In the "flyover" states of Kansas, Oklahoma and Nebraska, Columbus Day is not always that big a deal. There are a few parades here and there and obviously, the Federal holiday is recognized when people try to go to the post office. Most businesses don't recognize it much and many municipal offices stay open. The pioneer and settlement history is different, and at least growing up, this writer tended to think of Columbus Day as something that 'they observed on the East Coast.'
Part of the reason may be that Columbus Day has been only intermittently observed throughout the states. Some Latin American countries observe something quite different which is called Dia de la Raza, roughly, the "day of the races" or when the various peoples of the New and Old World's finally met and formed, in many cases, a new people. Many in Latin America commemorate this day as a day of resistance against invaders, as exemplified in Venezuela, where the holiday is referred, in English, to as the Day of Indigenous Resistance.
At least growing up, there was always the sense that Columbus should really not get the same kind of honorable holiday as Martin Luther King or Abraham Lincoln, but still, there is something important to remember about that fateful meeting, now over 500 years ago.
It may also be that Oklahoma, Nebraska and Kansas were once part of what was called Indian Territory; you know, those parcels of land that were set aside to dump tribes from the East into when they got a little restive or resisted white folks just taking land that had already been promised to them by treaty. Once you know the history of a place, that this lovely piece of rural real estate became yours because some yahoos massacred natives, who weren't actually in their original home to begin with, so that homesteading immigrant Germans wouldn't have to compete, well, the magic just sort of goes out of the Manifest Destiny narrative.
Relocated natives hang on in what's left of their reserves, and in Kansas, many of the eastern counties bear their names: Shawnee, Potawami, Delaware, Wyandot, continuing the witness of who came before, who remains. Even Kansas gets its name from a semi-nomadic group of natives, who are part of the larger Siouan language group, related to the Osage and now centered in Oklahoma. This Kansan grew up knowing that every inch of the land she stood on was paid for in blood.
So, it's probably appropriate that Dia de los Muertos (made plural by Dias) occurs during the same month as Columbus Day. In one month we can remember when the trouble started here, the price and the ancestors who paid.
Aztecs gave Mictecacihuatl, the goddess of the underworld, the ancestral honors of the season. Although they originally celebrated their commemoration of the ancestors in our August and Catholics moved the holiday toward All Saints Day, the image of the goddess remains in popular renditions of Katrina, who presides over most Dia de los Muertos processions. She swallows the stars every day and vomits them up again at night. It is to her the spirits of the dead descend, and she would devour the world whole if regular sacrifices and honors weren't paid.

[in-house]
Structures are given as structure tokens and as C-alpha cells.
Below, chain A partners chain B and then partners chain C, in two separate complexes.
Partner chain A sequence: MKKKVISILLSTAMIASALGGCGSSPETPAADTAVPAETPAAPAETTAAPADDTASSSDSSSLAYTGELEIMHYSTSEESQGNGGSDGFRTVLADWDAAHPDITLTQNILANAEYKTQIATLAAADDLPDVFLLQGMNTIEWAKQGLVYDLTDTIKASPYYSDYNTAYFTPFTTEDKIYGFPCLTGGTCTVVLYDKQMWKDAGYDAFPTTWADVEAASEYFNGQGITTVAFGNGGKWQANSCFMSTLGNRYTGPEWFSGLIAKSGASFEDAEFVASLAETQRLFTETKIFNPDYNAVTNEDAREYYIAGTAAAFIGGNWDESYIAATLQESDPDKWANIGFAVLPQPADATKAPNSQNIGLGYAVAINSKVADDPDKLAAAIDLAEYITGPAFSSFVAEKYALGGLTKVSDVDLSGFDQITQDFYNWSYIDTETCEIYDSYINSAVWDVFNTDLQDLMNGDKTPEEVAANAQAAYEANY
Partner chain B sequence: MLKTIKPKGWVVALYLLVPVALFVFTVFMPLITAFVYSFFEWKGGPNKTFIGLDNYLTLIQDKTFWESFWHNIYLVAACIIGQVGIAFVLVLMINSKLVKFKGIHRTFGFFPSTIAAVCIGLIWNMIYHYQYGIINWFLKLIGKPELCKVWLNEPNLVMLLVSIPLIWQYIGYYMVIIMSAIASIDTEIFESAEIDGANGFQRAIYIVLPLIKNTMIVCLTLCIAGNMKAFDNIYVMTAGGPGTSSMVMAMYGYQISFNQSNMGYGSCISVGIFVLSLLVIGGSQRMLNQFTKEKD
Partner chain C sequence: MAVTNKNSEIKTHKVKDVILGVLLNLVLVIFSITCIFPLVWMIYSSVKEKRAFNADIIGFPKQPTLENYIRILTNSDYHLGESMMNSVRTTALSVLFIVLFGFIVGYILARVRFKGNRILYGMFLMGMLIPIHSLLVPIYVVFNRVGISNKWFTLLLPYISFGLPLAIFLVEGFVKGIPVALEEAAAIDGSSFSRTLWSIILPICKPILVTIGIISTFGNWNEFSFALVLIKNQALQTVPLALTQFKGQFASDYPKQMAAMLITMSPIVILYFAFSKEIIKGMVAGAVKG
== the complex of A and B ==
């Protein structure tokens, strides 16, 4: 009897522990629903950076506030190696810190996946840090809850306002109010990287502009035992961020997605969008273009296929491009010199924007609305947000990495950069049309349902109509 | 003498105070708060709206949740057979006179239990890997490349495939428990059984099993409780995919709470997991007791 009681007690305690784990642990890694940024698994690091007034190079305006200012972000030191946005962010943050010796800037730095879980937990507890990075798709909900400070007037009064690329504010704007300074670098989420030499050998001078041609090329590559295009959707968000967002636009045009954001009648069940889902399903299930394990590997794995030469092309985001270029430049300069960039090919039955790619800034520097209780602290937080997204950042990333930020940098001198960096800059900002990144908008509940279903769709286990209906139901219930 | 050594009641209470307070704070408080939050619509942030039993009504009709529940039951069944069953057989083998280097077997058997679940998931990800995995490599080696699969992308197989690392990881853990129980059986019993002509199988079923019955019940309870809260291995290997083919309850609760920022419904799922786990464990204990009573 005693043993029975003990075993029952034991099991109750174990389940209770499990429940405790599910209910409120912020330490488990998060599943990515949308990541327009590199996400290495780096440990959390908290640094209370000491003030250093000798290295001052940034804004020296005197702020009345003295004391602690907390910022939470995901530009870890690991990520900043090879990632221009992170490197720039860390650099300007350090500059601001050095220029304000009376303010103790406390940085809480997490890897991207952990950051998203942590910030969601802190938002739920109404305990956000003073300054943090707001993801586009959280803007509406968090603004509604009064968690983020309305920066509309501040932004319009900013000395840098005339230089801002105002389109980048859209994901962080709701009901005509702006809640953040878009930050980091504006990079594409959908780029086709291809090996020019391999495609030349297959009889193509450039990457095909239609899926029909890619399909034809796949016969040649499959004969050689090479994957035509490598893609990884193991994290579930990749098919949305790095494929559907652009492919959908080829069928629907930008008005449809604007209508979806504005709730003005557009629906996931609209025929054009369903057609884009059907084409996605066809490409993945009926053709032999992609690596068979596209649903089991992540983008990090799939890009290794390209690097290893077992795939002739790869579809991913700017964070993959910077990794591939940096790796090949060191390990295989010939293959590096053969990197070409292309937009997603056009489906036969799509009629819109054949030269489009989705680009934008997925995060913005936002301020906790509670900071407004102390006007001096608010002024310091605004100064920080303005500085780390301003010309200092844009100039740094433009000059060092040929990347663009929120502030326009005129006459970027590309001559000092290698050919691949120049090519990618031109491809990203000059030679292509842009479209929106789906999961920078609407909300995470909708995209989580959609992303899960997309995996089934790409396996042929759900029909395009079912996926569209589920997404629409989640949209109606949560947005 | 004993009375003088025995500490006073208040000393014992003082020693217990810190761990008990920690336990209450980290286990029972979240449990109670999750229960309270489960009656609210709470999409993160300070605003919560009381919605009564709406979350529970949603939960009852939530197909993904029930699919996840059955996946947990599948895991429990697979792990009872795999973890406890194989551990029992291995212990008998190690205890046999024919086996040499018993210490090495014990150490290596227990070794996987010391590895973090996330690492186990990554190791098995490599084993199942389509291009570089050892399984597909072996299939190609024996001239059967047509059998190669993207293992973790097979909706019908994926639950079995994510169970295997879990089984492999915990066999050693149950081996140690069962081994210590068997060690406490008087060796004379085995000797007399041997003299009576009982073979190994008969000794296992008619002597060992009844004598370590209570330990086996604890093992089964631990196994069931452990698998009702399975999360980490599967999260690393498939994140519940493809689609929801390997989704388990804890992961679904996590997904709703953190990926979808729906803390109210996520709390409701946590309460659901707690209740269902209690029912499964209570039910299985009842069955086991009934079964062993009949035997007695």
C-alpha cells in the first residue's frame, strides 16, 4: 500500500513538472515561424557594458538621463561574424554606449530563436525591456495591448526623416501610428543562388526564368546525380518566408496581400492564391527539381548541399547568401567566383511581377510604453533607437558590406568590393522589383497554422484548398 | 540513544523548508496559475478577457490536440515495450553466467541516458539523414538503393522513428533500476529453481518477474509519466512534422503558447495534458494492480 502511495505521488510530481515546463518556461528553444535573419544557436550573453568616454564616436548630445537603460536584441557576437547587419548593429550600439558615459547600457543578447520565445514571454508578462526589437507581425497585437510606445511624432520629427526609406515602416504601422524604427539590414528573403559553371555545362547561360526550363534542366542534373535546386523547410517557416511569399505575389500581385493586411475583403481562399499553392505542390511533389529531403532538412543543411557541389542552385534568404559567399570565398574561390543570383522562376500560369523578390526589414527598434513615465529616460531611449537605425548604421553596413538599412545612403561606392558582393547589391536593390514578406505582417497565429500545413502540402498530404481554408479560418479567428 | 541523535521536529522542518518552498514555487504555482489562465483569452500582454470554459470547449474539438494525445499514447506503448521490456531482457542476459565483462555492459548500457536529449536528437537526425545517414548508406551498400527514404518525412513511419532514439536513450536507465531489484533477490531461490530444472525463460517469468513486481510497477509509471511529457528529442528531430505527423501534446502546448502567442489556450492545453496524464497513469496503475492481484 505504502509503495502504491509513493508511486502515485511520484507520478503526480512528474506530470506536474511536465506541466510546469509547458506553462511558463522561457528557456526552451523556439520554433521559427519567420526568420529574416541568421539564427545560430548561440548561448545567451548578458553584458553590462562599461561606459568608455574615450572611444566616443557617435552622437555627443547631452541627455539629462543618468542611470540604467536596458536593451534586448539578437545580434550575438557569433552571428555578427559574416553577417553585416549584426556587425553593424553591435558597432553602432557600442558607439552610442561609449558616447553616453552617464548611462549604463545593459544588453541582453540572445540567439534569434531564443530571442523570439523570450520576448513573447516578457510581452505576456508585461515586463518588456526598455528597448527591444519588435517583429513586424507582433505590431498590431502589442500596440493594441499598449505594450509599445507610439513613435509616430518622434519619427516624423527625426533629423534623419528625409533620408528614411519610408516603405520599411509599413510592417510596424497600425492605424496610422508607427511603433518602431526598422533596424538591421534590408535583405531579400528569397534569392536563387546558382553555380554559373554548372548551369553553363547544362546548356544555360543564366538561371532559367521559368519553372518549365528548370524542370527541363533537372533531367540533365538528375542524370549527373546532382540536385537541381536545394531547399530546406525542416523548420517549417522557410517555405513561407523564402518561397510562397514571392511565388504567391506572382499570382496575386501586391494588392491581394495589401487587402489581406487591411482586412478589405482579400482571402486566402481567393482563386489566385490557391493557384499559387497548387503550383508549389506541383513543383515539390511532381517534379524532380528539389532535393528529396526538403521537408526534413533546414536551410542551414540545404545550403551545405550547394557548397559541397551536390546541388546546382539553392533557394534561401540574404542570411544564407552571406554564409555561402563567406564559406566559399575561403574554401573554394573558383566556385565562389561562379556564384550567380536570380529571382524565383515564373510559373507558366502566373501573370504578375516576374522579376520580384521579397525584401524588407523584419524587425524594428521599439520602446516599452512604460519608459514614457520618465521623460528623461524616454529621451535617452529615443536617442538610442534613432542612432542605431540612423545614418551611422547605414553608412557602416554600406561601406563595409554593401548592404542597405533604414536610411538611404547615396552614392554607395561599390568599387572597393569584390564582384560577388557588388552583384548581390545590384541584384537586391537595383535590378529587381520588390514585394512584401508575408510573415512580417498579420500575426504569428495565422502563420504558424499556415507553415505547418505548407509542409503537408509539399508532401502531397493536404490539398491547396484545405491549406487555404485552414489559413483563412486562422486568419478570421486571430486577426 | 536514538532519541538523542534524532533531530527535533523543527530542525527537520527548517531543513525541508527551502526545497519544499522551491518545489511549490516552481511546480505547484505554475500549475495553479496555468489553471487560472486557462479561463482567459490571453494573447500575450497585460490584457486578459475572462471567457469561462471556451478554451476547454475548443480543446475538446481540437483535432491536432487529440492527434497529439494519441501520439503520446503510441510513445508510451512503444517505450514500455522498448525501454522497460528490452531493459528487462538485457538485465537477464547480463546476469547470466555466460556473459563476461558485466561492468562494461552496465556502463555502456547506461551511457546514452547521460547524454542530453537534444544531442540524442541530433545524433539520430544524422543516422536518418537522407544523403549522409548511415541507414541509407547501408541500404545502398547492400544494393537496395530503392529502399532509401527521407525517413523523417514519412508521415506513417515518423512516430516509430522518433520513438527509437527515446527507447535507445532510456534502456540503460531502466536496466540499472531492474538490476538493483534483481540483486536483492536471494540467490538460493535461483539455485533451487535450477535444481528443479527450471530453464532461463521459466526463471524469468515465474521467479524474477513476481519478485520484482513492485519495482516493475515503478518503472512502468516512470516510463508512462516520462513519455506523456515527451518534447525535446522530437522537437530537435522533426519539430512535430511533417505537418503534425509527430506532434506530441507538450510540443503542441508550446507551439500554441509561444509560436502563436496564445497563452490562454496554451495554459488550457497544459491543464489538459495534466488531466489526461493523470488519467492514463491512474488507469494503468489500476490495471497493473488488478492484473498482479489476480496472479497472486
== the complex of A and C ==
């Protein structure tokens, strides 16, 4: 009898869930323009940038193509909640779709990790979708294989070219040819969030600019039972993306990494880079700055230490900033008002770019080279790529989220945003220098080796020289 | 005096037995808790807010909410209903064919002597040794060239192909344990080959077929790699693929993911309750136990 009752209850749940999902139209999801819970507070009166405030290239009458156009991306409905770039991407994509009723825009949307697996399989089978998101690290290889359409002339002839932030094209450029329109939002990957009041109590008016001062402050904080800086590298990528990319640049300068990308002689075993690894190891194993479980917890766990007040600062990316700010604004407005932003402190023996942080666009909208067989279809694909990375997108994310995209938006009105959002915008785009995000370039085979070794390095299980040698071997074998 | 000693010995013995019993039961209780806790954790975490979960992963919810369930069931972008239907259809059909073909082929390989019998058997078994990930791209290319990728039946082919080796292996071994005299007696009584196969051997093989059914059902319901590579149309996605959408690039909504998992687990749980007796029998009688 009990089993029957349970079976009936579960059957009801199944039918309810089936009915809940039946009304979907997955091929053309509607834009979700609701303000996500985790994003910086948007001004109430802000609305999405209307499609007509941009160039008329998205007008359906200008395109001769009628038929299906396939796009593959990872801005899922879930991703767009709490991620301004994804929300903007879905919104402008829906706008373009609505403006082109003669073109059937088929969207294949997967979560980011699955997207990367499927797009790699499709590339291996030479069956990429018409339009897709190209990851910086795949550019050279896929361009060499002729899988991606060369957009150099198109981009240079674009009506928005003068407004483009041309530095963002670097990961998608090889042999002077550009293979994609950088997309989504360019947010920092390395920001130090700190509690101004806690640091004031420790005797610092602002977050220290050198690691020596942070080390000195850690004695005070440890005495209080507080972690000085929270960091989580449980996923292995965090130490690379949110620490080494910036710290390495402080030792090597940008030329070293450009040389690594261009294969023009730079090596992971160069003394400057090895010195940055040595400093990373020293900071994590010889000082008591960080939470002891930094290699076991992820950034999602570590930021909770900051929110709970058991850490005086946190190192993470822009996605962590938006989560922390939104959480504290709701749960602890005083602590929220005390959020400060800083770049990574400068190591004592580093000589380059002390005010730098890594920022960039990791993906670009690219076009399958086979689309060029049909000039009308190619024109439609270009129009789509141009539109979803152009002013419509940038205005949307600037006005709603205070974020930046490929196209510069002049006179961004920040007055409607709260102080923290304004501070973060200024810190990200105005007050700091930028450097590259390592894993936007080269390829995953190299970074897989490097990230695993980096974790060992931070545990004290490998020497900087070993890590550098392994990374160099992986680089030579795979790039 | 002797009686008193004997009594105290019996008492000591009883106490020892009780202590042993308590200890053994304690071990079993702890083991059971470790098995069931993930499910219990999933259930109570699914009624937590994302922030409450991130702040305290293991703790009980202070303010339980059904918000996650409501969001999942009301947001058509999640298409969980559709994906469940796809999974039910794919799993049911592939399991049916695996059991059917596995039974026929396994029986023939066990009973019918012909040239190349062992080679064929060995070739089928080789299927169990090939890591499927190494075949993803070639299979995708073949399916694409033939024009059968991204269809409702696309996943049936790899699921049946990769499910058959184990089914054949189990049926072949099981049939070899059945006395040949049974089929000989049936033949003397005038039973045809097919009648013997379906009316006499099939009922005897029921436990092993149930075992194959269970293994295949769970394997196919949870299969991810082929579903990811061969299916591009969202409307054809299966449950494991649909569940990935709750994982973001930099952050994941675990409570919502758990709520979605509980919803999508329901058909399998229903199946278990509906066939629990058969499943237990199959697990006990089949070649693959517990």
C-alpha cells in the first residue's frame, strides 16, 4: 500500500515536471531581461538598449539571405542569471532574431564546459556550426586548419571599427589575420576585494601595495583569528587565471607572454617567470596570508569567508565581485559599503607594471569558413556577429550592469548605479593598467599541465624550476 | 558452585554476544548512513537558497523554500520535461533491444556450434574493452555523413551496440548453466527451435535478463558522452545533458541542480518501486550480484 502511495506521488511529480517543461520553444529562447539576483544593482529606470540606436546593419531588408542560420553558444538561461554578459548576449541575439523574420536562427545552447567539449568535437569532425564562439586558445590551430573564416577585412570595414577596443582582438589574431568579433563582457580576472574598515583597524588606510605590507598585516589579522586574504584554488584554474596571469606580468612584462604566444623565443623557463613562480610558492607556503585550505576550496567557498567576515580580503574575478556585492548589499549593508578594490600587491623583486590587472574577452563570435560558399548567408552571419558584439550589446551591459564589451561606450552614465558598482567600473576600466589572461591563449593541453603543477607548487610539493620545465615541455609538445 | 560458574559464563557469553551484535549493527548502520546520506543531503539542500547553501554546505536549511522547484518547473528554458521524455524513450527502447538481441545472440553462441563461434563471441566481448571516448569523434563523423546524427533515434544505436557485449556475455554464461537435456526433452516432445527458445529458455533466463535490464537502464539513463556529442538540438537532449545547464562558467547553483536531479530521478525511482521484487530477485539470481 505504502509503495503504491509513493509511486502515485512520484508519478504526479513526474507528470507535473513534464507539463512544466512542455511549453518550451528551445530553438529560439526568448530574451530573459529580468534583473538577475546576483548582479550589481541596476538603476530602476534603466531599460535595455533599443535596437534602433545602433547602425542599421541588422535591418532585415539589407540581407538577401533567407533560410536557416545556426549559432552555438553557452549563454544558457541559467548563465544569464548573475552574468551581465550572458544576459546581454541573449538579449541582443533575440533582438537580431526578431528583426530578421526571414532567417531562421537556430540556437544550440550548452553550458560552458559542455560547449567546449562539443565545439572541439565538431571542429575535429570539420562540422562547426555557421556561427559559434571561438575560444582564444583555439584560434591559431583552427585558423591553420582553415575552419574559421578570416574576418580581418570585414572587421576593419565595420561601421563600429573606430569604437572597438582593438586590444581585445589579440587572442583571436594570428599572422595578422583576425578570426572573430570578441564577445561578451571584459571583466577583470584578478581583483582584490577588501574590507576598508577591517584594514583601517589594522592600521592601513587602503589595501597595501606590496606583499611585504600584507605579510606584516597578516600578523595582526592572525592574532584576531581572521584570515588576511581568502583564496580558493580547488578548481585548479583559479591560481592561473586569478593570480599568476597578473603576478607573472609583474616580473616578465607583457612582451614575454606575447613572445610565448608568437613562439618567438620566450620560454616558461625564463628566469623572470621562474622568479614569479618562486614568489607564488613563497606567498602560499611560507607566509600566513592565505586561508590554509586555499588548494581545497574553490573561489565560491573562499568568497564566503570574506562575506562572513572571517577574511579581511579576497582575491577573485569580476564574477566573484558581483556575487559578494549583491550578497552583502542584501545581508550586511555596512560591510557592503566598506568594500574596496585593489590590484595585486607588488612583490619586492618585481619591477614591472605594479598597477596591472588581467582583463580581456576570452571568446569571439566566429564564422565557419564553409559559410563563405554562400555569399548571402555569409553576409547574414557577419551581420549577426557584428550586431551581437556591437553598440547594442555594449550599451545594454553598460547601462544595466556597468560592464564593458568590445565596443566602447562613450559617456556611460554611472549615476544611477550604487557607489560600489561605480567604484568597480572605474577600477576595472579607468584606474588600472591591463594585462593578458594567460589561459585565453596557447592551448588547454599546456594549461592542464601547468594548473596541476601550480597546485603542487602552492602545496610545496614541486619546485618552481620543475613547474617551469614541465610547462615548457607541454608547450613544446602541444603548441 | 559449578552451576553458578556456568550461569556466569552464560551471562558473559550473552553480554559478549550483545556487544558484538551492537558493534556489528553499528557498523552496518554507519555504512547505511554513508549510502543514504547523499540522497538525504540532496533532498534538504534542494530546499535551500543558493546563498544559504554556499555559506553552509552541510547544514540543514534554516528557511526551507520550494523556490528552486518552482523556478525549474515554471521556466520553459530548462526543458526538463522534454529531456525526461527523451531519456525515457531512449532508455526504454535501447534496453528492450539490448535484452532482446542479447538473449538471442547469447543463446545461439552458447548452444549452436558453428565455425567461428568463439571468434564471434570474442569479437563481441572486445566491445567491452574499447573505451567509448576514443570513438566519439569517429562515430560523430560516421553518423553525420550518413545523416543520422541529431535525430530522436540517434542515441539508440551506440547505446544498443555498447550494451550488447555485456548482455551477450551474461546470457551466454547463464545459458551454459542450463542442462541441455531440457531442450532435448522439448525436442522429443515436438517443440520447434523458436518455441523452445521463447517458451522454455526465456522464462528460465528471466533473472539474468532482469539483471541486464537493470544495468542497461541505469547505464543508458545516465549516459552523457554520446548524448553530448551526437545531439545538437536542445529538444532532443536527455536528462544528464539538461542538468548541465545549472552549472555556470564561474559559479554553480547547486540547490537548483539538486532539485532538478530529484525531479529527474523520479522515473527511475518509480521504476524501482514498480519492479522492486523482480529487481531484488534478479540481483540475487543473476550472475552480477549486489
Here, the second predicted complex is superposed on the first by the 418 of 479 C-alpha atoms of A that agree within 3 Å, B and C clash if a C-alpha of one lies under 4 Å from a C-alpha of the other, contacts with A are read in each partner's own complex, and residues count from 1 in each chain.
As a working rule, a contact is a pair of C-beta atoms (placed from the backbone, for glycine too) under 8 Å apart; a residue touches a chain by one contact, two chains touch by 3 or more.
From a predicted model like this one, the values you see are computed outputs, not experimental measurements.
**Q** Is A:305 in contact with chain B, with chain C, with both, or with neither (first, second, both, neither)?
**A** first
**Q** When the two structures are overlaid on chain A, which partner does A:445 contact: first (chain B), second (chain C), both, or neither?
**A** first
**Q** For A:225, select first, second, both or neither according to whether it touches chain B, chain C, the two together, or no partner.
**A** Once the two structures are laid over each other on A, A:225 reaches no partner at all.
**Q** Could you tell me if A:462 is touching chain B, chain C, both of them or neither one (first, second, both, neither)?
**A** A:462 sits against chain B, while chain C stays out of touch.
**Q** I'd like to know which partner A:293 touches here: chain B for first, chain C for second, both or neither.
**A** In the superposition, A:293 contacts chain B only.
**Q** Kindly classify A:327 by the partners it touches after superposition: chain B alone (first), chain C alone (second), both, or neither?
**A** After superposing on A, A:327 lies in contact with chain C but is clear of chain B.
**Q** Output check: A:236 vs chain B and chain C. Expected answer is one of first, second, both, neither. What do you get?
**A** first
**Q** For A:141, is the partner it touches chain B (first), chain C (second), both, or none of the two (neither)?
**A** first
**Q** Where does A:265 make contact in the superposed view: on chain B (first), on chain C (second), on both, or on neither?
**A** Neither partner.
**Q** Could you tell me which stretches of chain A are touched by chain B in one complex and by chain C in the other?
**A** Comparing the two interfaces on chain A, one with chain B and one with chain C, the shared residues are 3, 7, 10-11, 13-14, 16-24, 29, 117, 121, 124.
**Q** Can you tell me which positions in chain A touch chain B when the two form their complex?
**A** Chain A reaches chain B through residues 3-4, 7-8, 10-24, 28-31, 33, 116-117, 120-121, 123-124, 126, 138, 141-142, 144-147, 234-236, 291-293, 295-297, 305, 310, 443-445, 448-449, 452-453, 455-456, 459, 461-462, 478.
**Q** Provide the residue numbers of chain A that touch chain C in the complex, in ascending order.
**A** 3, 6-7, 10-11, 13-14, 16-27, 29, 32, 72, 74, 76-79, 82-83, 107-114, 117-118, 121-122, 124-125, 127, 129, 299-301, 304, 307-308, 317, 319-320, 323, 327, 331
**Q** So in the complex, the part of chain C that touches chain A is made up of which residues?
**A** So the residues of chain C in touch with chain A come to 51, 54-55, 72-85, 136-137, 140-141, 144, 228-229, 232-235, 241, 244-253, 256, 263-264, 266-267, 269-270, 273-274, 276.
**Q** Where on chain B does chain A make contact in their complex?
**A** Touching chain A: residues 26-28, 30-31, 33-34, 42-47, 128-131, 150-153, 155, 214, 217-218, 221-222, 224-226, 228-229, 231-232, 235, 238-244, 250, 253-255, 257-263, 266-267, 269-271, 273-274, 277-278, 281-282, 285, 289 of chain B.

The Aztecs, or Mexica as they call themselves (because they are not dead and gone), were imperialist conquerors too, so they probably understood Cortes better than most, than they would've cared to admit. Their neighbors didn't like them and Cortes exploited that and the vulnerability that the Mexica had to European diseases. Still, the natives fought for every inch of their beloved city Tenochtitlan, now Mexico City. The Spanish were impressed, but they also didn't honor their promises to their native allies who helped in the defeat of Moctezuma's forces.
And so it went.
Now we're supposed to honor a man who ushered in, wittingly or not, since he was not a saint and had no respect for the natives he met either, the emptying of two continents, by warfare, deceit and disease, just so a few lucky (and they were only lucky, not chosen), newly emergent European powers could get theirs and try to put the Muslims and Chinese in their 'proper places?'
It's impossible to know what could have been now, but there is a very real sense that the world lost something important in the devastating of the indigenous peoples of the Americas. The disease part probably couldn't have been avoided, but the arrogance of Europeans was a choice, sometimes a deliberately planned out option. Pizarro made the choice to send small pox infested blankets to the Inca rulers. The United States Congress made a choice to forcibly expel the Cherokee after they had remodeled their society along "American" lines and applied for statehood. These were choices, not inevitable outcomes.
Nothing can bring the dead back. But we can remember. So instead of Columbus Day, make this the beginning of your personal Dias de los Muertos, your Days of the Dead. Think about your ancestors and passed loved ones. Remember that the land you stand on has been paid for in blood many times over, and not just by veterans overseas, but by patriots who fought and died here for their families, against an endless tide of foreign invaders.
Just be humbled by what you don't know about them, even though you probably eat food that they first cultivated, like corn, potatoes, tomatoes, pumpkin, green beans, chocolate, vanilla. You probably celebrate Thanksgiving Day, inspired by their harvest festivals. You live in a country that adopted the bald eagle, the same symbol used by the Iroquois, as a national label.
Dia de los Muertos celebrations have been spreading all over the world and maybe it's appropriate to consider a refocusing of this holiday.
It's time now to build the ofrenda, the altar of the dead that Mexicans use to remember the dearly departed. Set up the picture of Katrina, sprinkle the top with marigolds and mums, light the candles and incense, and recall the day the Underworld swallowed all the living stars in the world.